Satisfaction

Julian Loose, 11 May 1995

The Information 
by Martin Amis.
Flamingo, 494 pp., £15.99, March 1995, 0 00 225356 9
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... is a study of envy and egomania that happens to play itself out in the world of publishing. Nicholson Baker in U and I probed the devastating realisation that Updike ‘writes better than I do and is smarter than I am’. Here, though, there is no sense of one writer warding off another’s potentially crushing influence, or of the fragile ...
... Heald(Now)Thomas Hinde(Sunday Telegraph)Bernard Levin(Sunday Times)Blake Morrison(TLS)John Nicholson(Times)Richard Rayner(Time Out)Anthony Thwaite(Observer)MiddlingPaul Ableman(Spectator)Peter Conrad(Harpers & Queen)Alan Hollinghurst(New Statesman)Christopher Wordsworth(Guardian)UnfavourablePaul Ableman(Spectator)Robert Cottrell(Financial Times)Martyn ...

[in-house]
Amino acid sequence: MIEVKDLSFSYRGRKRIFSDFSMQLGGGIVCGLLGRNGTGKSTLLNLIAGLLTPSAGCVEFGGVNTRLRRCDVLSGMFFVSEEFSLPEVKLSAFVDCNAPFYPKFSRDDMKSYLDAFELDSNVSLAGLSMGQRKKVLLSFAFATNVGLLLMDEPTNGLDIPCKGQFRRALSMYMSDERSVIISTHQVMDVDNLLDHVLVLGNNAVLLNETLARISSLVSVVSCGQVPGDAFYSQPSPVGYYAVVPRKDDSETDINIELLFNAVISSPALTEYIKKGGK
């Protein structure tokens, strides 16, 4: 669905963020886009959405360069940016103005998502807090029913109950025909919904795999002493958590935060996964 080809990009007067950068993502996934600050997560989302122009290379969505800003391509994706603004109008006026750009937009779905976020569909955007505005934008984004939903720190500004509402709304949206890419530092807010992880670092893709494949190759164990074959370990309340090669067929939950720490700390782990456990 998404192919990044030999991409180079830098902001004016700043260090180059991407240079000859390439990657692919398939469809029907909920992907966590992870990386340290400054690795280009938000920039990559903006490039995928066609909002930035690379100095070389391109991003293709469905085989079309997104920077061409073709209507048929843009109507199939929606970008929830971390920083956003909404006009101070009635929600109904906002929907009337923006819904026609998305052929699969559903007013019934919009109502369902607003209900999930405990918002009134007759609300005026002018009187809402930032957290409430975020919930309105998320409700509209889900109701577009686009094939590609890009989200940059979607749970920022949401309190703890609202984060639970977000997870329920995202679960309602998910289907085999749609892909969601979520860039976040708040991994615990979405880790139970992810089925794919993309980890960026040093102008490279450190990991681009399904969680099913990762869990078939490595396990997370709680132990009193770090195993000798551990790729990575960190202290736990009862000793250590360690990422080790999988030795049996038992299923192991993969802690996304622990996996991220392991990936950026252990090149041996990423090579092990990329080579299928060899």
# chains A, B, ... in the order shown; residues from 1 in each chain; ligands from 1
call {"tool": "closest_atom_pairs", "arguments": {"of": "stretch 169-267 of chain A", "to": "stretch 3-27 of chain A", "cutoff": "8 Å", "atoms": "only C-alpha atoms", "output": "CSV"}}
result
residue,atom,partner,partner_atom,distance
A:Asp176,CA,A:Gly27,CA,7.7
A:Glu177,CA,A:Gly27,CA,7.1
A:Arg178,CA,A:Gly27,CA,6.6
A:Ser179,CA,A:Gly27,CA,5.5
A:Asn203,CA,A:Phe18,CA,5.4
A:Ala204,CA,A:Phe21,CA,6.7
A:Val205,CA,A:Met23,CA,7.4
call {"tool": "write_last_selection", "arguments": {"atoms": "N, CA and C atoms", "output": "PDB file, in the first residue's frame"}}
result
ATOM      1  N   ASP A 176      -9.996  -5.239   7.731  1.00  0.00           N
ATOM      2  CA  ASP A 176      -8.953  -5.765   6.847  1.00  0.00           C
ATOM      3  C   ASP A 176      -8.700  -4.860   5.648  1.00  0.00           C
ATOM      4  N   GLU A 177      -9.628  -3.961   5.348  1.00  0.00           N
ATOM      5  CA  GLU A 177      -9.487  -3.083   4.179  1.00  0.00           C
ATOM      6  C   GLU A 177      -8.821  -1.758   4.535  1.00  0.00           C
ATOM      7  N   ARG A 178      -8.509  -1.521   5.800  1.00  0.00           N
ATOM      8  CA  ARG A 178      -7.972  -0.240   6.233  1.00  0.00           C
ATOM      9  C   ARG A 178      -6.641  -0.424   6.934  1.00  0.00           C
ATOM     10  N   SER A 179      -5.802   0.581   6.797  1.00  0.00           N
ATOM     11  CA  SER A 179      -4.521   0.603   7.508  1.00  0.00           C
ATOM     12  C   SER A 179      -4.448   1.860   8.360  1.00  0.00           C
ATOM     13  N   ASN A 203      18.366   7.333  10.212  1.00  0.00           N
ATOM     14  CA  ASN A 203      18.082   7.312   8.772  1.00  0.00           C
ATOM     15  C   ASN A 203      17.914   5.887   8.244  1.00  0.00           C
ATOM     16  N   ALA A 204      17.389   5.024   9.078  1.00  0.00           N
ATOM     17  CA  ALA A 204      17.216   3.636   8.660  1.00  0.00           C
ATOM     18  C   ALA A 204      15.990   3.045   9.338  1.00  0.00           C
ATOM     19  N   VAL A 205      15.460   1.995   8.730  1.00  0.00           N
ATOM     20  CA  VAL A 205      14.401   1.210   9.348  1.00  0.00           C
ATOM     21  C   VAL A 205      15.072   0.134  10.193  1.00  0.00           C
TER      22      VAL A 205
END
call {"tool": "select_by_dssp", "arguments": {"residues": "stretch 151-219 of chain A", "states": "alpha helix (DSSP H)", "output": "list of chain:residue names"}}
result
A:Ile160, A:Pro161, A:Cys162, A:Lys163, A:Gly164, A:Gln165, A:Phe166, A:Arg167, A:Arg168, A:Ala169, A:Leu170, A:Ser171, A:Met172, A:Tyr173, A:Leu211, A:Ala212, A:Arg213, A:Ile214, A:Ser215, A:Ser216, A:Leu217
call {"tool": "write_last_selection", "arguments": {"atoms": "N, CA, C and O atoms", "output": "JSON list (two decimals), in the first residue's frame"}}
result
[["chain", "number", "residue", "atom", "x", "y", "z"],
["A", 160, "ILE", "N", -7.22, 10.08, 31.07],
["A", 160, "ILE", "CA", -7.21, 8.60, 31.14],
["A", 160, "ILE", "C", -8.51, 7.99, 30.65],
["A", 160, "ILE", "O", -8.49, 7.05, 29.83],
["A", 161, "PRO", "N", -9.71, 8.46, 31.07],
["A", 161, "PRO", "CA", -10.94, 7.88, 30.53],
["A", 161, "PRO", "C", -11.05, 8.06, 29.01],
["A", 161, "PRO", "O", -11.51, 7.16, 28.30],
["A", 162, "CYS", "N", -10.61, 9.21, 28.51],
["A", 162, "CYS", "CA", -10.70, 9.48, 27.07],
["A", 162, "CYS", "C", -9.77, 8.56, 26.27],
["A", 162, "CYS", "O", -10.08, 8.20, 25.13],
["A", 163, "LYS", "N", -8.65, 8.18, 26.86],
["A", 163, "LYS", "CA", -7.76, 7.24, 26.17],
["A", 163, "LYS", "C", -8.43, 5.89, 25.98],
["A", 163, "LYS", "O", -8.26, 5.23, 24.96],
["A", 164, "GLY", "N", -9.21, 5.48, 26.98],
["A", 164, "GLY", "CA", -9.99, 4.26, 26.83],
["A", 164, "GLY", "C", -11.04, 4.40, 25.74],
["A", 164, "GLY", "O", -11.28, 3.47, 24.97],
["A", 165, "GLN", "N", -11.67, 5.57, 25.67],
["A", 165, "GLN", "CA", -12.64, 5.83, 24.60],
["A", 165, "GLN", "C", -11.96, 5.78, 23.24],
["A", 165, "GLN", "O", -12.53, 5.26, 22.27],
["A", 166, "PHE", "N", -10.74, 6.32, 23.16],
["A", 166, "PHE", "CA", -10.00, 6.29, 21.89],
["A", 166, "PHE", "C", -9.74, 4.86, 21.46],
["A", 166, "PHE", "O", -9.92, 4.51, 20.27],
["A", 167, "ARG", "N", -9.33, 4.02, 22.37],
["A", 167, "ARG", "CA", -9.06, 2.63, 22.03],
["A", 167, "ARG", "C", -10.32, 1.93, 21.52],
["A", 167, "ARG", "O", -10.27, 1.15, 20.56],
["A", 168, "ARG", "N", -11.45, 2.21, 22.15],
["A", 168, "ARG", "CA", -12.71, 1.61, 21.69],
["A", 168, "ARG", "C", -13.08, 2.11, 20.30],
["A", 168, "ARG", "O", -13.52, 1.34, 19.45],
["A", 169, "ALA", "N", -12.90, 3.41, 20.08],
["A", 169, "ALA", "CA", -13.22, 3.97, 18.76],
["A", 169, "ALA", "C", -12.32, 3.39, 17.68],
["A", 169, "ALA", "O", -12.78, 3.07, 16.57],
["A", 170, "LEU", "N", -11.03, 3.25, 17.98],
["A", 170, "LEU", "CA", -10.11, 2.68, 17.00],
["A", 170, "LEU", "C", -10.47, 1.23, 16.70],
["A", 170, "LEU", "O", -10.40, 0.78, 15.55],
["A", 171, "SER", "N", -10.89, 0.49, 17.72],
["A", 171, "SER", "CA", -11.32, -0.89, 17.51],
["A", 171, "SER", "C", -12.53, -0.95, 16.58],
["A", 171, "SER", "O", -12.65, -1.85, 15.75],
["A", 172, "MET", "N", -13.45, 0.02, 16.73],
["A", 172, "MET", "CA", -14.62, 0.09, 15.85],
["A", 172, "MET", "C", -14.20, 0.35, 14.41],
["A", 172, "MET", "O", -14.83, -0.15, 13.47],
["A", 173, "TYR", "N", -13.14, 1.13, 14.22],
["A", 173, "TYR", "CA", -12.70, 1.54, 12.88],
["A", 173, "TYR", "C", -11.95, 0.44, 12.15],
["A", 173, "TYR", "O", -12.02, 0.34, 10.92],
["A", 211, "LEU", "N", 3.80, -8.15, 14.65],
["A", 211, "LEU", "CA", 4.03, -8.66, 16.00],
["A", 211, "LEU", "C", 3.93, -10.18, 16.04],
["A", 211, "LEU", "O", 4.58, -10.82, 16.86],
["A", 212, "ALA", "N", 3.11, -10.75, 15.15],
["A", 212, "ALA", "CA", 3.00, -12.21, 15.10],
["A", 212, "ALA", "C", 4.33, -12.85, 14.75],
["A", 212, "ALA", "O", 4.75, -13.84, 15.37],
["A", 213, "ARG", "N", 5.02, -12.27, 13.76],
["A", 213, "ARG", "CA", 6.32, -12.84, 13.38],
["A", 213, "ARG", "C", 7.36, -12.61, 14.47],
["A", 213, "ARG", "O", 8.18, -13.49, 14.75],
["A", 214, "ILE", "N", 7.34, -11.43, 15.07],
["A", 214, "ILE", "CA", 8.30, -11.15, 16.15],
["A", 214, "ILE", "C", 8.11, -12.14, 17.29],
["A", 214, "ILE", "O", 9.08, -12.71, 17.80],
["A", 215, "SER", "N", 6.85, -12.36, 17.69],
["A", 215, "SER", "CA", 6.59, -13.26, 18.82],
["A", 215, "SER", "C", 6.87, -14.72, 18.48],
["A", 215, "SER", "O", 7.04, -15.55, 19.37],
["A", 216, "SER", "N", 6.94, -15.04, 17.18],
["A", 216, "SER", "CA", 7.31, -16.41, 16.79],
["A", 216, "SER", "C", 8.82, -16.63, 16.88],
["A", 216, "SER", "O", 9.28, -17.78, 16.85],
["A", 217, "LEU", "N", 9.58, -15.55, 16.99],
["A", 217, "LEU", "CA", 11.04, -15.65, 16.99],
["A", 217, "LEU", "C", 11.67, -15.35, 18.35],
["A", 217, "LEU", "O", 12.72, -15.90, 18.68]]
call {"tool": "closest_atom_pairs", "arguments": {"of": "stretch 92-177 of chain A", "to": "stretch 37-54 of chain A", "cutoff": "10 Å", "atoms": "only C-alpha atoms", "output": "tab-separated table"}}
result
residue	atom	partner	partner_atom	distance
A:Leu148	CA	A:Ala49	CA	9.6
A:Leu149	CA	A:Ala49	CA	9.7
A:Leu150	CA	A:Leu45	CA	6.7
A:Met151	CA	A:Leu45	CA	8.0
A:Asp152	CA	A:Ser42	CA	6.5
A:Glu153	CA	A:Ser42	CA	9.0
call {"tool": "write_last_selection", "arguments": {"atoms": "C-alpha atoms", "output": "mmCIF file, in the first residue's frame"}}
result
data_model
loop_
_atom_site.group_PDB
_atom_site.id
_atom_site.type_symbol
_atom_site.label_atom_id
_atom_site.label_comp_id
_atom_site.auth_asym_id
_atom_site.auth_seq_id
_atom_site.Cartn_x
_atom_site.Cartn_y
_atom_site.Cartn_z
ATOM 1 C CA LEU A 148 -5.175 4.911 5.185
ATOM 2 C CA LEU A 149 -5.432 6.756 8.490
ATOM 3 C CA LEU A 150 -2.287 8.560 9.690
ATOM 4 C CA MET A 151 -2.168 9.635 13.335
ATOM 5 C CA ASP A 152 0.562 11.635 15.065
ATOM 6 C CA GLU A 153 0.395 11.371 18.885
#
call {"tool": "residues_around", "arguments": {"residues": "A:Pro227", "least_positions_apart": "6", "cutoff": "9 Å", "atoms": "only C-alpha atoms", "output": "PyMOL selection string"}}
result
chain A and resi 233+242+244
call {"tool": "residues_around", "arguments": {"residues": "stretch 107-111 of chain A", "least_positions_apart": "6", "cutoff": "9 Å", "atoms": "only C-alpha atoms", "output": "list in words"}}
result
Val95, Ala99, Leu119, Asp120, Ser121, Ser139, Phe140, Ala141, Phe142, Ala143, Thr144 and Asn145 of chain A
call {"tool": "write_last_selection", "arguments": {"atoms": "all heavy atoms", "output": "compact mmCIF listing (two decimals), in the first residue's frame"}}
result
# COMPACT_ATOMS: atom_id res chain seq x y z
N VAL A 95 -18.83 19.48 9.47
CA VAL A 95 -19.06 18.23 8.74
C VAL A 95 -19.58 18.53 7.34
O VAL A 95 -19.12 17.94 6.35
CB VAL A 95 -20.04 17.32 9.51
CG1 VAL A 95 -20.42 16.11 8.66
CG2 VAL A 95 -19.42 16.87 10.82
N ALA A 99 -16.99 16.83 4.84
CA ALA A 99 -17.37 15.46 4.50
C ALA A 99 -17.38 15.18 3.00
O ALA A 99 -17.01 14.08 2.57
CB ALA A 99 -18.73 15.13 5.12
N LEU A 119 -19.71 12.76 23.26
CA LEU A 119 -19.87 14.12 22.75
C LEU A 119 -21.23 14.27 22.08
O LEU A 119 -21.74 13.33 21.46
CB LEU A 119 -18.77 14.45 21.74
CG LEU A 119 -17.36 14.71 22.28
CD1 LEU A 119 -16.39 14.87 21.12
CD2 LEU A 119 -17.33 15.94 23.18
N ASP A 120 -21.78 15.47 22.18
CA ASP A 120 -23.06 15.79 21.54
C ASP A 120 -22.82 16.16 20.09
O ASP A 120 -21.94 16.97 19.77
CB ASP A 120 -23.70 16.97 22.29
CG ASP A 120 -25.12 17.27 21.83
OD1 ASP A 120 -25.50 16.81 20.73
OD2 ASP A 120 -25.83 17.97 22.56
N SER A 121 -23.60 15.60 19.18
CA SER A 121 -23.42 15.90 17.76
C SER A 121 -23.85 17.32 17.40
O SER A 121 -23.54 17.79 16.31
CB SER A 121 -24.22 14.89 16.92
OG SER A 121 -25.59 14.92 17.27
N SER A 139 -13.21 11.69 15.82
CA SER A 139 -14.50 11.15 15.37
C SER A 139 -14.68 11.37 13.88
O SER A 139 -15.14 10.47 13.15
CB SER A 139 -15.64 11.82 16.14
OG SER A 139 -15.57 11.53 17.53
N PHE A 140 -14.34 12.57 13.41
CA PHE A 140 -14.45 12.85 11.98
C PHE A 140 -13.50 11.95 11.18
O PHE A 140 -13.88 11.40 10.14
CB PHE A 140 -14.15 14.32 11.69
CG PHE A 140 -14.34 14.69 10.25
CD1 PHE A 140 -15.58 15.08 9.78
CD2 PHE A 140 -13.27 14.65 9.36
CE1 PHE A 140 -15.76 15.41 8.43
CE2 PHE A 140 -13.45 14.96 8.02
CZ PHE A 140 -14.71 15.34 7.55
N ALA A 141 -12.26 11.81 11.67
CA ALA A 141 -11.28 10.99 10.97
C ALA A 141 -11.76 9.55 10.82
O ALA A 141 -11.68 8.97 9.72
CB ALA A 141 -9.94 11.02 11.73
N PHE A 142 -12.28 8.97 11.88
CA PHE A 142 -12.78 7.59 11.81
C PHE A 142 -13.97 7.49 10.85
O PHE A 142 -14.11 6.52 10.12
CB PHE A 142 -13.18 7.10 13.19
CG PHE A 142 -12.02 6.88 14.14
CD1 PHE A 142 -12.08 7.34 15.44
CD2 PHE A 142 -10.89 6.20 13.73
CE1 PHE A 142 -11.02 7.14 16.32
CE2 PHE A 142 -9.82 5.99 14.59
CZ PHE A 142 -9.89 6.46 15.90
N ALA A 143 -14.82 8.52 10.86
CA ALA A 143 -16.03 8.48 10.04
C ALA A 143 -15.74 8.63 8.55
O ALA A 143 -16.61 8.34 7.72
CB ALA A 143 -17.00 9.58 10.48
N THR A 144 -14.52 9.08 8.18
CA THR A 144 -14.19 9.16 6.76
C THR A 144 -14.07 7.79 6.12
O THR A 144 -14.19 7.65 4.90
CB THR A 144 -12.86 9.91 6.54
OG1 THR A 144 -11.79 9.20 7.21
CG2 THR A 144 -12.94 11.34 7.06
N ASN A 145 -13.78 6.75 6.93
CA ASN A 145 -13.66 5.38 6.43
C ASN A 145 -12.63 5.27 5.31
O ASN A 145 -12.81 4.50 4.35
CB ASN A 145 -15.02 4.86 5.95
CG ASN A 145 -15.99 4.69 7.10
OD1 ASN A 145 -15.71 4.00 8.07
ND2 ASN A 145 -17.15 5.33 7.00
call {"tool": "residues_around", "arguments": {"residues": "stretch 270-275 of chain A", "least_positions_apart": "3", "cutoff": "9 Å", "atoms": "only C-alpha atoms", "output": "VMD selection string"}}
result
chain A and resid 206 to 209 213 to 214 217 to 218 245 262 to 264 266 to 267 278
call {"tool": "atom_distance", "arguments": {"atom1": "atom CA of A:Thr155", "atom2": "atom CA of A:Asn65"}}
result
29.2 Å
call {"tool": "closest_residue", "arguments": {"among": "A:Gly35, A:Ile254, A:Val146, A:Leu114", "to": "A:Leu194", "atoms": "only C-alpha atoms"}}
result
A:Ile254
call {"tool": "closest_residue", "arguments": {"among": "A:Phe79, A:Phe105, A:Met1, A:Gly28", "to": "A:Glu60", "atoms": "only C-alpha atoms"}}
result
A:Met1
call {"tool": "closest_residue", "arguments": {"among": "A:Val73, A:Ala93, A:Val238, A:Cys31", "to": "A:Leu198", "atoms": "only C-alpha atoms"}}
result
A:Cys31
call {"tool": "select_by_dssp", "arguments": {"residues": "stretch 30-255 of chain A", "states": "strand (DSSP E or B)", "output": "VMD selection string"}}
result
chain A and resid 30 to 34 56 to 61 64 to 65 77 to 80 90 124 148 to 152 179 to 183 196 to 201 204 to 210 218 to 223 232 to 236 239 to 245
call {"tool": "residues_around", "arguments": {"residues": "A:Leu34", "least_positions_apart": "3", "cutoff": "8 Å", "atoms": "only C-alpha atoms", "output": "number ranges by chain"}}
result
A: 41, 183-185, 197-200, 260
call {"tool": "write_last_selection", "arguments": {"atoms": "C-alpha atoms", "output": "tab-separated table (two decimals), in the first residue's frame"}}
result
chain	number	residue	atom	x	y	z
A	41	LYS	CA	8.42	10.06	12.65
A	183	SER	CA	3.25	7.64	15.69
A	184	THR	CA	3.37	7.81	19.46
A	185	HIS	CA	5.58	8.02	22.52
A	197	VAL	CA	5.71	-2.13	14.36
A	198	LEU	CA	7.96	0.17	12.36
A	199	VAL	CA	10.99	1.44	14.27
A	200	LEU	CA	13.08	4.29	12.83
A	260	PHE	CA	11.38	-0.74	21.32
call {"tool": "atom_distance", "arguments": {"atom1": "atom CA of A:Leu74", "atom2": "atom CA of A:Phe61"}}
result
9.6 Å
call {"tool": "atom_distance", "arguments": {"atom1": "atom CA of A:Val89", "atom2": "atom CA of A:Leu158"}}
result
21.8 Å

Soul Bellow

Craig Raine, 12 November 1987

More die of heartbreak 
by Saul Bellow.
Alison Press/Secker, 335 pp., £10.95, October 1987, 0 436 03962 1
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... a little Muhammad Ali for straight sex, some Kissinger for savvy, Cary Grant for looks, Jack Nicholson for entertainment, plus André Malraux or some Jew for brains. Commonest fantasy there is.’ So common, in fact, that it has already been given an outing in Mr Sammler’s Planet: ‘he fetched back, for example, a statement by Angela Gruner, blurted ...